The interpretation of a country’s history is influenced by external and internal factors within the region. However, what often goes unnoticed is that many internal factors, such as flawed institutions, power-hungry leaders, and persistent corruption, can be attributed to post-colonial effects, which are essentially external factors. The presence of corruption and the insatiable hunger for power are not solely driven by self-interest but are rooted in deep psychological motives. The leaders of Africa are following a similar pattern of greed and annihilation that the colonizers left behind, affecting the region and its people. Historical and current studies on Africa continue to reflect the long-standing effects of an incredible catastrophe of the colonial past. It is crucial to recognize that Africa was not always in this state; the result of European colonialism and international intervention has shaped the region into what it is today.
As Vox mentions, most attempted coups recorded were found to be in Africa in which 214 were attempted and 106 were successful. It is no surprise that a region like Africa is the victim of such a large number of coups. Sure, Africa has its own internal conflicts, but is trapped in a complex web of geopolitics and internal struggles for a reason. Al Jazeera also goes into detail about the statistics of the coups, stating, “Based on data compiled by American researchers Jonathan M Powell and Clayton L Thyne, at least 45 of the 54 nations across the African continent have experienced at least a single coup attempt since 1950.”
Unfortunately, according to the Washington Post, four days following the controversial presidential elections in the central African nation of Gabon, which reported an electoral victory for the incumbent Ali Bongo, army officers took to state television to declare the nullification of the August 26 election and the dissolution of the nation’s institutions. This speaks volumes about how democracy is valued within the nation.
The nation’s history and current challenges can only be understood in light of the impact of external factors such as colonialism and international intervention. The legacy of European colonization, along with the division and manipulation tactics employed by the colonial powers, has left deep socioeconomic and political tensions within African society.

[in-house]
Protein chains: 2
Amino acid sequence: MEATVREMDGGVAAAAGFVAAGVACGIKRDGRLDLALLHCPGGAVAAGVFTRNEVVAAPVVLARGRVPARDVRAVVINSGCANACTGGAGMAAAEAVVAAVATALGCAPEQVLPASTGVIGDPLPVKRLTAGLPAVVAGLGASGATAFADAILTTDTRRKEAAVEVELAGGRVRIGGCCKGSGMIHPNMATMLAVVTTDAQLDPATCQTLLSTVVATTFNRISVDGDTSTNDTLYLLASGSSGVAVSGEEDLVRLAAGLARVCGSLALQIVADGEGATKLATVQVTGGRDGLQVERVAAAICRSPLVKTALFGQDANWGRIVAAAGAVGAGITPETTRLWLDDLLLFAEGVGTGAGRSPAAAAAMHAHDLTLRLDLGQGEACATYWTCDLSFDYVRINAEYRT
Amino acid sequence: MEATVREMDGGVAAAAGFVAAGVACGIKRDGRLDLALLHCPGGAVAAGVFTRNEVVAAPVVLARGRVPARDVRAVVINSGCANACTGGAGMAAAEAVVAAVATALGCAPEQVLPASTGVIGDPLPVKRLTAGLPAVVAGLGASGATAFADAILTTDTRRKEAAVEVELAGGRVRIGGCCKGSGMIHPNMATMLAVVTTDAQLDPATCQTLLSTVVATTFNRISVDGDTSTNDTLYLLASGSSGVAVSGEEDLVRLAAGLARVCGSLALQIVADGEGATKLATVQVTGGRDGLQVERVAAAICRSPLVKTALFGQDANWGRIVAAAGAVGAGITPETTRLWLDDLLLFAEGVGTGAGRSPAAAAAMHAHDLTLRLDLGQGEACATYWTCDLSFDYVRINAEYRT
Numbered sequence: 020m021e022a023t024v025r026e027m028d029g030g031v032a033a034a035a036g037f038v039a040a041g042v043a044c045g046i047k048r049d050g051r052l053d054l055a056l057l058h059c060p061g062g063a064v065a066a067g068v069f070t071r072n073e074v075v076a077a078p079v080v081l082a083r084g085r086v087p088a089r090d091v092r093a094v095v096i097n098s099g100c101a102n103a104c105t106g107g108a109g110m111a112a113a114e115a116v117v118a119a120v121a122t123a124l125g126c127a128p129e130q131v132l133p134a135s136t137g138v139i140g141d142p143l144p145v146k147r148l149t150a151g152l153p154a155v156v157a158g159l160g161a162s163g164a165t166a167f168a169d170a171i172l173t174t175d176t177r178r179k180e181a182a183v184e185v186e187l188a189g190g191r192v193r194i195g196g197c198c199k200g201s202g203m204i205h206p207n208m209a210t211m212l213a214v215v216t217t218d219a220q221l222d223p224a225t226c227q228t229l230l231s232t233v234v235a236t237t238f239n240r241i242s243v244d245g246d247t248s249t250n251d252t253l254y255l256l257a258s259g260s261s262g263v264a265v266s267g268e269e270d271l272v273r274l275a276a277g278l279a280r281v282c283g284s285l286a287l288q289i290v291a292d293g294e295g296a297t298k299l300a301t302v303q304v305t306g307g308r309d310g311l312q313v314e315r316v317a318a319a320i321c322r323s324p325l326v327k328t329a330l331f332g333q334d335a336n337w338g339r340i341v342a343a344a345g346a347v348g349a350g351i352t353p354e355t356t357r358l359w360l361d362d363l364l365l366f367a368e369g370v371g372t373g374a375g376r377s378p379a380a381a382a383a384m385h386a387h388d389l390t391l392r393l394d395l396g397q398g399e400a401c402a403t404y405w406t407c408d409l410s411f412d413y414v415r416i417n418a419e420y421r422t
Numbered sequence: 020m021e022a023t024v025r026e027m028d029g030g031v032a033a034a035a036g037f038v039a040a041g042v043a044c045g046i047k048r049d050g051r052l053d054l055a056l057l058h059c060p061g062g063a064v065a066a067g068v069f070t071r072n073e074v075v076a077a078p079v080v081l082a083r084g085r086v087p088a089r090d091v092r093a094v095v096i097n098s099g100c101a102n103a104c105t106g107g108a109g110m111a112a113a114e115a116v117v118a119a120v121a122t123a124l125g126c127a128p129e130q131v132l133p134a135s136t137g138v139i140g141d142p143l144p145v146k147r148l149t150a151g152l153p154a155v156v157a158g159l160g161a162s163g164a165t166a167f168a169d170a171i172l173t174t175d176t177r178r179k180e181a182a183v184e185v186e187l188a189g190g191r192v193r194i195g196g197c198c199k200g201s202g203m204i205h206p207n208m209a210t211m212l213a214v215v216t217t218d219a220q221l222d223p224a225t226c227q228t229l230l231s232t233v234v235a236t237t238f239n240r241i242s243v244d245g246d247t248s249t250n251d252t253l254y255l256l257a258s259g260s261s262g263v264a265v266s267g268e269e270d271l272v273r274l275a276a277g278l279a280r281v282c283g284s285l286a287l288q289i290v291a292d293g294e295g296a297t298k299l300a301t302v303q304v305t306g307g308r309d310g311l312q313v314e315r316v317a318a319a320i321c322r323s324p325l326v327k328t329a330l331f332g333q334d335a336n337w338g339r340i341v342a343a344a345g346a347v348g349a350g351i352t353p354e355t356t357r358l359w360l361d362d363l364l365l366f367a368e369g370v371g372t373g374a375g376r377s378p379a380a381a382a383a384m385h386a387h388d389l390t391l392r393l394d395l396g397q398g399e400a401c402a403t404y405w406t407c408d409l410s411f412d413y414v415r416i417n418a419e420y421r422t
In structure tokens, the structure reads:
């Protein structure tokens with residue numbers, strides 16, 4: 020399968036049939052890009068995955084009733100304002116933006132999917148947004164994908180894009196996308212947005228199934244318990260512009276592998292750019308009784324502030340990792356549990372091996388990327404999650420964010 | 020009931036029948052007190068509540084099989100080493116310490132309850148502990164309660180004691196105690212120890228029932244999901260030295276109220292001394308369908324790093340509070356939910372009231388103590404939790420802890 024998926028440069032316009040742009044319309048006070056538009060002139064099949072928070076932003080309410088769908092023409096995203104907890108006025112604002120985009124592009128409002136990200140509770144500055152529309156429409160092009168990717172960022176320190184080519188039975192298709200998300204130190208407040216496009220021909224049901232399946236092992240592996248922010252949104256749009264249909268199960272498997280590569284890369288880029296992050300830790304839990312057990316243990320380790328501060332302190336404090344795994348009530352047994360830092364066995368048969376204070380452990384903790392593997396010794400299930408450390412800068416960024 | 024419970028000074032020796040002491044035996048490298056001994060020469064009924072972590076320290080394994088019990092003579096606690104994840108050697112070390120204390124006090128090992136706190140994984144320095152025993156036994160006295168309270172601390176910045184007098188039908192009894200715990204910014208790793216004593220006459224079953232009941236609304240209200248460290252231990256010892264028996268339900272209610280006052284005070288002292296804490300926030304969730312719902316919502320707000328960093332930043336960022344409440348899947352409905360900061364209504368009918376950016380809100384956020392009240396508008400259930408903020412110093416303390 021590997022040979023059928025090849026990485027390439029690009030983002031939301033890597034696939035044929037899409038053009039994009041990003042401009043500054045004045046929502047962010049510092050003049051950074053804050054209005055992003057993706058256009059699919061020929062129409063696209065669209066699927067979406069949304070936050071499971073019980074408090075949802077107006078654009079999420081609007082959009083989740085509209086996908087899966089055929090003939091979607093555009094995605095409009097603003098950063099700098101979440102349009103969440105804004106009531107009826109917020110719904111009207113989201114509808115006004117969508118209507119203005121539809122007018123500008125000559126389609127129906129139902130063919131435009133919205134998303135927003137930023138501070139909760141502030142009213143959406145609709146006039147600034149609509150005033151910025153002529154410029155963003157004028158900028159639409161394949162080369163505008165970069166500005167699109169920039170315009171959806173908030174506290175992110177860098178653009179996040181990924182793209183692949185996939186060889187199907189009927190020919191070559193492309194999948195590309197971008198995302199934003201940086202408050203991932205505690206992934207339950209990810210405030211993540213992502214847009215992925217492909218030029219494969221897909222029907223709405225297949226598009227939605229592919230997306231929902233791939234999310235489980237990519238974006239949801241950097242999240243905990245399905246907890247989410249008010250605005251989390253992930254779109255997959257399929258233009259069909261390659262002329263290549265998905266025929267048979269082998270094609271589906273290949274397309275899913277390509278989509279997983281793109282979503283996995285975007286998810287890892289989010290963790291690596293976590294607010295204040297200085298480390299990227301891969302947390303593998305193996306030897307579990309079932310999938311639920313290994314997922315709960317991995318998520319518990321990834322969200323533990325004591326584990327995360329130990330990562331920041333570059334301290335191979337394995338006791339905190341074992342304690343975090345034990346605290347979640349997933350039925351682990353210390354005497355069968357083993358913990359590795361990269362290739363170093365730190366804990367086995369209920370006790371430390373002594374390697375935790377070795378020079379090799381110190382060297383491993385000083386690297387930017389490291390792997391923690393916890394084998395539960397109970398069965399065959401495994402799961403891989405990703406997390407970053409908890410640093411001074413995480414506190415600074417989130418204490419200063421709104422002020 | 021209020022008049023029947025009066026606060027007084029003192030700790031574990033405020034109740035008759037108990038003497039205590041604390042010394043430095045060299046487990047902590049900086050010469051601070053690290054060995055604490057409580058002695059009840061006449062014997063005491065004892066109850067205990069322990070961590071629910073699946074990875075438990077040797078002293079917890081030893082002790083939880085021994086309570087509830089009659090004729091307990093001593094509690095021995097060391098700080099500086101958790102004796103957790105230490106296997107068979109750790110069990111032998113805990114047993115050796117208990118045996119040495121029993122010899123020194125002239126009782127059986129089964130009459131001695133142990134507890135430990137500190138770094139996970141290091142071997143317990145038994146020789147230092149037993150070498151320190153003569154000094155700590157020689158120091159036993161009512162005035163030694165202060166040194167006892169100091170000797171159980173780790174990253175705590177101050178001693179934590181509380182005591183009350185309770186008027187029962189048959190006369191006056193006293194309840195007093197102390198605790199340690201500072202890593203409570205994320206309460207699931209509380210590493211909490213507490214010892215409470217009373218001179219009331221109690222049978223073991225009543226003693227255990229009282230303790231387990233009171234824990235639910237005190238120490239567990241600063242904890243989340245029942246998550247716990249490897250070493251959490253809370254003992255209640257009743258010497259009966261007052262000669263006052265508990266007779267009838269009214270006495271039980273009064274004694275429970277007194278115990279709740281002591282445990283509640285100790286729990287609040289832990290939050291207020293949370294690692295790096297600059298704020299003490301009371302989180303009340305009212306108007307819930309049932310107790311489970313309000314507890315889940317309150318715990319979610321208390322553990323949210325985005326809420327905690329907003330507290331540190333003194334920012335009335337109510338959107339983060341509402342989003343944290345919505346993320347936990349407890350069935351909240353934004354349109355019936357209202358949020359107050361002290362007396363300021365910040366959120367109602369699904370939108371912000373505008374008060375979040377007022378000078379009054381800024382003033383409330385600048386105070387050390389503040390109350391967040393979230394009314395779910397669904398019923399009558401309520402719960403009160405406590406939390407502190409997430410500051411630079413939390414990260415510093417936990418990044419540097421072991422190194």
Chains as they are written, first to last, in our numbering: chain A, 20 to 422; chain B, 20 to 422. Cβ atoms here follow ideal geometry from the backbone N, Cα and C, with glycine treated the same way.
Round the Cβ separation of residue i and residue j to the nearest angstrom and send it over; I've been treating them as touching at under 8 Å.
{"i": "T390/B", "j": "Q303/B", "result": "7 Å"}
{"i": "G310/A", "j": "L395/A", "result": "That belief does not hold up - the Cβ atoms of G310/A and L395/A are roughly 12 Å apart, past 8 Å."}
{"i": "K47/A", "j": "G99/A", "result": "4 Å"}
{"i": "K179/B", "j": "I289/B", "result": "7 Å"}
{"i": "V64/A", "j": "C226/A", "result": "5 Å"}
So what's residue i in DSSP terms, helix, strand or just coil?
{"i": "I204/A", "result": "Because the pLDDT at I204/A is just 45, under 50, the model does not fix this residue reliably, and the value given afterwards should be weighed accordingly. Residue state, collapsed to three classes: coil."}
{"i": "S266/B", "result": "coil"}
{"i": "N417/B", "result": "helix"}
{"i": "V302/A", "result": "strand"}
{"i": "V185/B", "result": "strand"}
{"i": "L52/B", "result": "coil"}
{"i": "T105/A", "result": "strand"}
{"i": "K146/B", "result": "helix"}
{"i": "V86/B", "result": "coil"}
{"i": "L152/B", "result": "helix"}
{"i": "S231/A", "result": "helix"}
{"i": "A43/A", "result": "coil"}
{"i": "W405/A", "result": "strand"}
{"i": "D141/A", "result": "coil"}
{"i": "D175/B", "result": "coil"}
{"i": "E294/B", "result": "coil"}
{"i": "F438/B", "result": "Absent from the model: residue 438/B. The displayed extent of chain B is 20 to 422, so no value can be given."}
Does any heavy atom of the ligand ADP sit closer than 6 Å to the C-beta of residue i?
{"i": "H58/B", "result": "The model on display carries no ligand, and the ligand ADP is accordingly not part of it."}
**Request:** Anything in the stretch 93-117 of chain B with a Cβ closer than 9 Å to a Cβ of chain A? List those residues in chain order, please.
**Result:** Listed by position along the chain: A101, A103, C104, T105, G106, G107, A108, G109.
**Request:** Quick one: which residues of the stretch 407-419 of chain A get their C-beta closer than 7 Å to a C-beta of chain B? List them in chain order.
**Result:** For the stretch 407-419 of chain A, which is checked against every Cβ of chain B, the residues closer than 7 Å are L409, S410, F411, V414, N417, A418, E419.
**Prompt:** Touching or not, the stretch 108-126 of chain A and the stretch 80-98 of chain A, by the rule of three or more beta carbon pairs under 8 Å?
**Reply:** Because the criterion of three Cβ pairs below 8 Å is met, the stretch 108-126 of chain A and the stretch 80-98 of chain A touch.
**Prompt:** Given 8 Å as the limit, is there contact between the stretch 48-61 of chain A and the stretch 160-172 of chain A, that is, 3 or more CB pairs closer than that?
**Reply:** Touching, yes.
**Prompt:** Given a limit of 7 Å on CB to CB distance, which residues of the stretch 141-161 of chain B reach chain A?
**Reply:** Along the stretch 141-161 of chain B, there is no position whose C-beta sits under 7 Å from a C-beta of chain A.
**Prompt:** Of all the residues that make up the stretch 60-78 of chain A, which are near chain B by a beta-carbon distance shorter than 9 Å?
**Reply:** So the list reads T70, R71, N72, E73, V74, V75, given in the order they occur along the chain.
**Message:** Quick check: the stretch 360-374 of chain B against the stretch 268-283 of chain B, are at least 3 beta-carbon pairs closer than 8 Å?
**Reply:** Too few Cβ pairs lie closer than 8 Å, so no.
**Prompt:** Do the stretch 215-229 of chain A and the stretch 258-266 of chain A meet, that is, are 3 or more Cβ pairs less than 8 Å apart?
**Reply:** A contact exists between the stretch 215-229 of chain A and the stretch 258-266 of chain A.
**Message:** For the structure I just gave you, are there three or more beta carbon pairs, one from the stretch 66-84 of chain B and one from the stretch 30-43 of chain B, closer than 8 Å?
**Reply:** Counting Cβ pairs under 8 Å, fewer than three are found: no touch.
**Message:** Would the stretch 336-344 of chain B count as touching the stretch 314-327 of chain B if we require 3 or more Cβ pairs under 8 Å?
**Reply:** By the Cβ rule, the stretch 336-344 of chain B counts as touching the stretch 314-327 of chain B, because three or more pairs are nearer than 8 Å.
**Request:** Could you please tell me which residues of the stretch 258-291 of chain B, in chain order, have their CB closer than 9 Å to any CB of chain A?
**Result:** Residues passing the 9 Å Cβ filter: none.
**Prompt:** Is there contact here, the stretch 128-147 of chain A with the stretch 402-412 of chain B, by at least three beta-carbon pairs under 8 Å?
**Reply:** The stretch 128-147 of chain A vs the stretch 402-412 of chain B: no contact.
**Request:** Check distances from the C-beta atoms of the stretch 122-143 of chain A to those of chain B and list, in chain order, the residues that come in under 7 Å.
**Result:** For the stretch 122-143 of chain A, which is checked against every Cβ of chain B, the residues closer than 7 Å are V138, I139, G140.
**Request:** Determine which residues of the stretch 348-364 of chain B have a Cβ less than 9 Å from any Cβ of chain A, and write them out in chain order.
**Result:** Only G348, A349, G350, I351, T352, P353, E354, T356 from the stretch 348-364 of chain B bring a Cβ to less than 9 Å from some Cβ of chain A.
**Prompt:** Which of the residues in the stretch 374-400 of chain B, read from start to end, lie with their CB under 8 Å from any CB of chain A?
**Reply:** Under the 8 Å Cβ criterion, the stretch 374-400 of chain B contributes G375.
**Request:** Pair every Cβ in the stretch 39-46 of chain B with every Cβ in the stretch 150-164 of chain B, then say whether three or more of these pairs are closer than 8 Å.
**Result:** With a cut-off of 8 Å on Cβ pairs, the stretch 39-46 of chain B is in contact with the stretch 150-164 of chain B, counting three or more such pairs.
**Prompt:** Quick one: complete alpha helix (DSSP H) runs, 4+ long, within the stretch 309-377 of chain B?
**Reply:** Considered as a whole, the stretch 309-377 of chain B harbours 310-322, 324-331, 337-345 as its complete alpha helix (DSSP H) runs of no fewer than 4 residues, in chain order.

Foreign Affairs and Voice Of America write about how these tensions were further exacerbated by the interference of superpowers during the Cold War era, leading to the proliferation of armed conflicts and the influx of weapons into the region. The internal struggles faced by Africa, including military coups, power struggles, and economic hardships, are the deep determination of the people to forge a better future, free from external interference and internal divisions. Africa’s path to stability and progress ultimately lies in acknowledging its historical context, working towards genuine democratic reforms, and granting the people the power and agency to shape their destiny.
Through such efforts, the African continent can overcome geopolitical challenges, heal internal wounds, and build a more inclusive and prosperous future for all its citizens. The people of many African countries have been denied the opportunity to govern and determine their fate, with their aspirations for democracy often betrayed by those in power and the international community that pledged support. Overcoming the post-colonial effects and the flawed institutions they left behind is arduous. It requires addressing internal issues and challenging the structures of power and corruption deeply ingrained in many African countries.
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